Saturday, 13 April 2013

China: pre-race

That must be one of the most boring qualifying sessions in recent years. On the betting side, I'm glad Massa was eminently hedgeable before the session because I doubt he would've been during it. I also wish I'd hedged a bit more to be green either way, but that's something to remember for next time.

Q1 saw the entire pit lane fall asleep. After about half the time was over they came out and we had 10 minutes of the usual business, with the pointless teams being joined, again, by Bottas and Gutierrez. Excepting Bianchi, the rookies do not seem to be shining this year.

Q2 was a bit more surprising as it saw both Force Indias jettisoned. Perez could only manage 12th (behind Di Resta and ahead of Sutil) with Maldonado and Vergne bottom of the timesheet. Fourteenth was occupied by Webber, as he suffered a dastardly fuel problem. It's not entirely clear what the situation is at the time of writing, but I'd expected him to be put to the back of the grid.

Q3 even managed to be dull. Nobody came out for the first half, although there was some interest when three drivers (Button, Vettel and Hulkenberg, who did well to make the last session) decided to go out on the medium tyre. Hamilton got a great pole, and Raikkonen claimed 2nd after flying in under the radar. Alonso could only manage 3rd, but he may well be happy with that given he beat Massa for the first time in five qualifying sessions. Rosberg, who missed out on some setup time due to a P3 problem was 4th then came Massa, Grosjean and Ricciardo, who did very well to reach the session at all. Button came 8th because he was the only chap who went out on the medium tyre and set a time (a comedy time 31 seconds off the pace, but still), whereas Vettel and Hulkenberg trundled around and didn't bother setting a lap time.

There's a huge divergence between the tyres despite them being adjacent in the quartet of Pirelli's dry range. The soft is crumbly like cheese and will not be the tyre of choice in the race. The medium is a bit slower but surprisingly durable.

The race is expected to be dry, so those starting on softs will probably pit pronto and those who opted for medium will probably try and leave the soft tyre until the very last laps. The Force Indias and Perez will lose, to a degree at least, the usual bonus of being top of the Q2 departure list because the three chaps ahead of them will start on the medium tyre (as Vettel and Hulkenberg did not set a time they could go for the soft tyre initially, but that would be rather a surprise).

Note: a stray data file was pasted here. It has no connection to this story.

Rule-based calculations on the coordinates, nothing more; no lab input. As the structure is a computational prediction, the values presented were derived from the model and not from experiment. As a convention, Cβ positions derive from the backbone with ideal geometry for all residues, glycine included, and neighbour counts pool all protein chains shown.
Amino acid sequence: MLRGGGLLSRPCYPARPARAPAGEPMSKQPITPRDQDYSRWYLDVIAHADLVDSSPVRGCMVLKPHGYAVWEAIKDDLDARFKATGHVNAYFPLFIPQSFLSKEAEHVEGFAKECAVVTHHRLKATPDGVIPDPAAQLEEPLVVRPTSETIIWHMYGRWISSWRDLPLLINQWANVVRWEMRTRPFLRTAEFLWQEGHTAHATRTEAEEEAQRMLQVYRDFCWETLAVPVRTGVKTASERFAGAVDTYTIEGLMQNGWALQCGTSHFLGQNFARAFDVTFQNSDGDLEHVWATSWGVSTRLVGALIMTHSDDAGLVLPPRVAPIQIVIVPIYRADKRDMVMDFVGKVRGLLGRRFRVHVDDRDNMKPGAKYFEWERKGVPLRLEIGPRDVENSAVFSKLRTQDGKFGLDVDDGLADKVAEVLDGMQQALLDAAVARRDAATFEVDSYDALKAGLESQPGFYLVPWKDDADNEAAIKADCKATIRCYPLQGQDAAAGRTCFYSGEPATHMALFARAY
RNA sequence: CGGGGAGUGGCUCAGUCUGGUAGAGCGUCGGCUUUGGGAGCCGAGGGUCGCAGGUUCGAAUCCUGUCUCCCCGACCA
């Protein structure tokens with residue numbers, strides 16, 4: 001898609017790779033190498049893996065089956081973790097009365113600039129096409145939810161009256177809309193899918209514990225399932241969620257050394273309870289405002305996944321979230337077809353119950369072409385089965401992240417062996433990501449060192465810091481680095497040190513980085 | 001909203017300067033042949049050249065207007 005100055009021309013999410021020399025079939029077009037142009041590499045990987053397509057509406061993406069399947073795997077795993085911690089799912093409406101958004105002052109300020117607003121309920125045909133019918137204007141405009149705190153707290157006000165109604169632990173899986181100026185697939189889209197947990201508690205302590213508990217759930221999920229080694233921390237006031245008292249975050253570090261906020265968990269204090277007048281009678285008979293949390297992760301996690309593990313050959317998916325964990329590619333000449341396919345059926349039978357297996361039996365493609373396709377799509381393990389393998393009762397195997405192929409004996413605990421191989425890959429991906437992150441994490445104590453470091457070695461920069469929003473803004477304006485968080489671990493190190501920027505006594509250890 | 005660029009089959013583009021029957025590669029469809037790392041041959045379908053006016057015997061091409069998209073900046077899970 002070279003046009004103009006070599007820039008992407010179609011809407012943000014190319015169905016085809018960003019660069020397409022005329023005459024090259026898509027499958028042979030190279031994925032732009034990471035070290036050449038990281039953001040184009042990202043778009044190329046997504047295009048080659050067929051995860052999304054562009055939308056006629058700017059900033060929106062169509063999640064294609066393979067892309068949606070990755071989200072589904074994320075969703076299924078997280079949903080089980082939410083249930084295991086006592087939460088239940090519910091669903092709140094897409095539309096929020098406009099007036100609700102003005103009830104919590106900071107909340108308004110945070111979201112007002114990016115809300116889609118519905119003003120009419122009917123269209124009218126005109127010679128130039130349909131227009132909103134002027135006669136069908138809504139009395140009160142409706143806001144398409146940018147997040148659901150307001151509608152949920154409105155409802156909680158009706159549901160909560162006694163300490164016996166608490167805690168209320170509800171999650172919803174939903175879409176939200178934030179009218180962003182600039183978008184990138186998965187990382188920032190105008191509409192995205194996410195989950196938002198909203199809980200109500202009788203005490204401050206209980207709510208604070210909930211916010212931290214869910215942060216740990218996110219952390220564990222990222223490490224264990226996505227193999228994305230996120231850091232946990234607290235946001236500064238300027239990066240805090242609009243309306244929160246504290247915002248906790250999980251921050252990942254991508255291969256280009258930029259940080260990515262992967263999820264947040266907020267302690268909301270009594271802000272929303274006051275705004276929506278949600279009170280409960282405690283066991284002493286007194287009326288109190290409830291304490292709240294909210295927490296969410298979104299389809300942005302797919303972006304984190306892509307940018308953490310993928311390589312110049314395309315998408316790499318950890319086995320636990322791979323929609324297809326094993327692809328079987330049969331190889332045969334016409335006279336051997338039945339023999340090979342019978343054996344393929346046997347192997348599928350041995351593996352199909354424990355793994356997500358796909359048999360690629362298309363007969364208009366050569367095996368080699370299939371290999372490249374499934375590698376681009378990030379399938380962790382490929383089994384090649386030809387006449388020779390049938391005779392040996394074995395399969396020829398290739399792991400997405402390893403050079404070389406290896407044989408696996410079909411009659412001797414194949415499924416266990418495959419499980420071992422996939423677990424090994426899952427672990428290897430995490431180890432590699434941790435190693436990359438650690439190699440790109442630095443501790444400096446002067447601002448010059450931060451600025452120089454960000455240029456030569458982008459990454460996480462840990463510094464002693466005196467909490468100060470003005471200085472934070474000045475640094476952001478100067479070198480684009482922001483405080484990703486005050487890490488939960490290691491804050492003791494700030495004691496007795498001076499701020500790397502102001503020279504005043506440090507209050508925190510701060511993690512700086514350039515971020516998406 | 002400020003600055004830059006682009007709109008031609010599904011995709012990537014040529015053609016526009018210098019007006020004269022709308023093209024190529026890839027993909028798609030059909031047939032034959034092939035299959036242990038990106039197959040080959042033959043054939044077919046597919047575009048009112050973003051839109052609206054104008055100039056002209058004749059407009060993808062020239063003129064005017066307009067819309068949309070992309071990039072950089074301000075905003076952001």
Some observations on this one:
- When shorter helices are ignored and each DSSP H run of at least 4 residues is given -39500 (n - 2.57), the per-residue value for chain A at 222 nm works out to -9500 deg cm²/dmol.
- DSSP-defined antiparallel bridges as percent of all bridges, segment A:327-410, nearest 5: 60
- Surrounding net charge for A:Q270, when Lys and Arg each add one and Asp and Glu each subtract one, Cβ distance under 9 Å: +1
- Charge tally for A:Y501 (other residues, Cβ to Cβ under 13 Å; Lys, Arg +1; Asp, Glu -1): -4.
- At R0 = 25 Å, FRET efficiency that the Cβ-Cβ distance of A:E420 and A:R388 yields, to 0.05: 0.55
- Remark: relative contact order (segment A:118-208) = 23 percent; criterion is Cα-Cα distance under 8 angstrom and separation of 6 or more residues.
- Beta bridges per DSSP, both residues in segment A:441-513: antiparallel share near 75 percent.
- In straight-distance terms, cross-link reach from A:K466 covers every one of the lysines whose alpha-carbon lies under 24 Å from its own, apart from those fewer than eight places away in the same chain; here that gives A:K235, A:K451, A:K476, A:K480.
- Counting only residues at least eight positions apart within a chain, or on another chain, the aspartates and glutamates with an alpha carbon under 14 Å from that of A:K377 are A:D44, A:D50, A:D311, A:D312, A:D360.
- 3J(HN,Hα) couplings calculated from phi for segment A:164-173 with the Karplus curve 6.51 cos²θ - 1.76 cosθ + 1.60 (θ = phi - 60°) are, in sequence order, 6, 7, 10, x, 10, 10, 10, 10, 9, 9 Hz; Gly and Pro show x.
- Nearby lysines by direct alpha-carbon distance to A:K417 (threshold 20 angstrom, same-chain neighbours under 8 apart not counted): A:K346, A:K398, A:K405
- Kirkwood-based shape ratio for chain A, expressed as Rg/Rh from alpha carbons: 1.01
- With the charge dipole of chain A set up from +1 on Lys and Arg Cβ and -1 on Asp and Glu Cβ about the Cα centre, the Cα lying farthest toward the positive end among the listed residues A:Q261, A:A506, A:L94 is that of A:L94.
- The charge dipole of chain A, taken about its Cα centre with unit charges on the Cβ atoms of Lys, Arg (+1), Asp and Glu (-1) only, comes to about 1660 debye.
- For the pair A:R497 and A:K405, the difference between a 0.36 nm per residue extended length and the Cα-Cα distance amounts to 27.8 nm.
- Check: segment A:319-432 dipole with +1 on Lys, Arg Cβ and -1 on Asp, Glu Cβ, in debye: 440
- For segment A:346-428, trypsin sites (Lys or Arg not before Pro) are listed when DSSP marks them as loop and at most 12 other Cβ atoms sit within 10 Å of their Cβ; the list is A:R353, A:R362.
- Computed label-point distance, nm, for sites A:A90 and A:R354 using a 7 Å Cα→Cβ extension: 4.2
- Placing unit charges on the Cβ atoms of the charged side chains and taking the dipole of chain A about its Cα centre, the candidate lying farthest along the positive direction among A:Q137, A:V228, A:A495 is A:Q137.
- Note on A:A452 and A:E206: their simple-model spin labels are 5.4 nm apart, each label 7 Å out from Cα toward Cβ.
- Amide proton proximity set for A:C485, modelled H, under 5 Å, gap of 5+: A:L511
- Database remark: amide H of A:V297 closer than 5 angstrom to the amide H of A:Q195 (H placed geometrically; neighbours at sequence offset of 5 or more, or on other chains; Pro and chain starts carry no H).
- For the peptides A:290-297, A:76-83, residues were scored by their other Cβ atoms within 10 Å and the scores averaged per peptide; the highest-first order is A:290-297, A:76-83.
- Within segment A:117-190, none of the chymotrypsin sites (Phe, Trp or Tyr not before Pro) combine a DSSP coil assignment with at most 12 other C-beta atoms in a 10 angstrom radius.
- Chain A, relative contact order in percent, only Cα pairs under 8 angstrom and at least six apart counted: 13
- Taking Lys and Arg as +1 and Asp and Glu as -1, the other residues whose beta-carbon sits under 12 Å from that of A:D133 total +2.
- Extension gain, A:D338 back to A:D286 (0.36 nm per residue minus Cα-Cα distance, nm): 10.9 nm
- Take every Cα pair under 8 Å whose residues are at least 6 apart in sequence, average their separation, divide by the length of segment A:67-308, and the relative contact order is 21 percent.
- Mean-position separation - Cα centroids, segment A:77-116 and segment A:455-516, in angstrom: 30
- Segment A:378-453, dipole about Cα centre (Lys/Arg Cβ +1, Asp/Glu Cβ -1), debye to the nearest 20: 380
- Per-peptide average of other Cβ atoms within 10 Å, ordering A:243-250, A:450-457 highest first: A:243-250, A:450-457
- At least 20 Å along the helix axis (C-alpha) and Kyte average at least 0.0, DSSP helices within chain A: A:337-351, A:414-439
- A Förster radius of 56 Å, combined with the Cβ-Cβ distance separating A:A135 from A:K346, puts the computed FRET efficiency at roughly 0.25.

Ferrari, and Massa in particular, seemed to be better on the soft tyres with high fuel in P2 than anyone else. This will help, but medium tyre pace and wear will matter more. That was pretty close amongst all the top teams although Ferrari seemed a bit off the pace. Mercedes had very bad soft tyre wear in P2, no idea if they managed to fix it later (they were good on the medium tyre, in terms of pace, however).

Interestingly, if you believe that starting on the medium gives a serious advantage, that would make McLaren and Force India contenders to top score, although Button sounded very downbeat (0.8s off the pace on medium) after qualifying. If it turns out that grid position matters more then Mercedes, Lotus and Ferrari are set fair.

The race will be 56 laps, I think, with 4-10 laps expected for the first stint on softs with the medium expected to be good for circa 20 laps. So, a two-stopper seems on the cards, regardless of starting tyre, although three or four are possible.

Webber starts from the back after being penalised for lack of fuel. This does not mean he's out of the running even for a podium, although obviously it's a big setback.

I was thinking about looking at McLaren to top score or for Button to get a podium, but he sounded very downbeat during his post-qualifying interview (I missed the last 20 minutes and just caught it on the iPlayer). 0.8s off the pace on medium tyres is significant, although if he can be kinder to the tyres and make one fewer stop then that'd make up for it.

Apologies for the forthcoming ramble. I'm hoping it'll help me decide what to bet on.

The race, as is often the case, is very hard to call but we should have a clear(ish) idea of how it'll go initially. After the start the top 7 (all on the soft tyres with which they qualified) will pit fairly shortly (Horner estimated 4-10 laps). This will automatically mean that those from 8th and down (Button, Vettel, Hulkenberg et al.) will be in the lead. Now, the soft tyre is reputedly a second a lap faster, but degrades at about half a second a lap. This varies a bit and Massa was impressive on soft tyres in P2 but the broad picture is accurate. So, after 4-10 laps the top 7 on the grid will probably pit and come out into traffic (I imagine almost everyone 8 and lower will start on the medium tyre). Not sure how long a pit stop takes in China but about 18s give or take seems reasonable.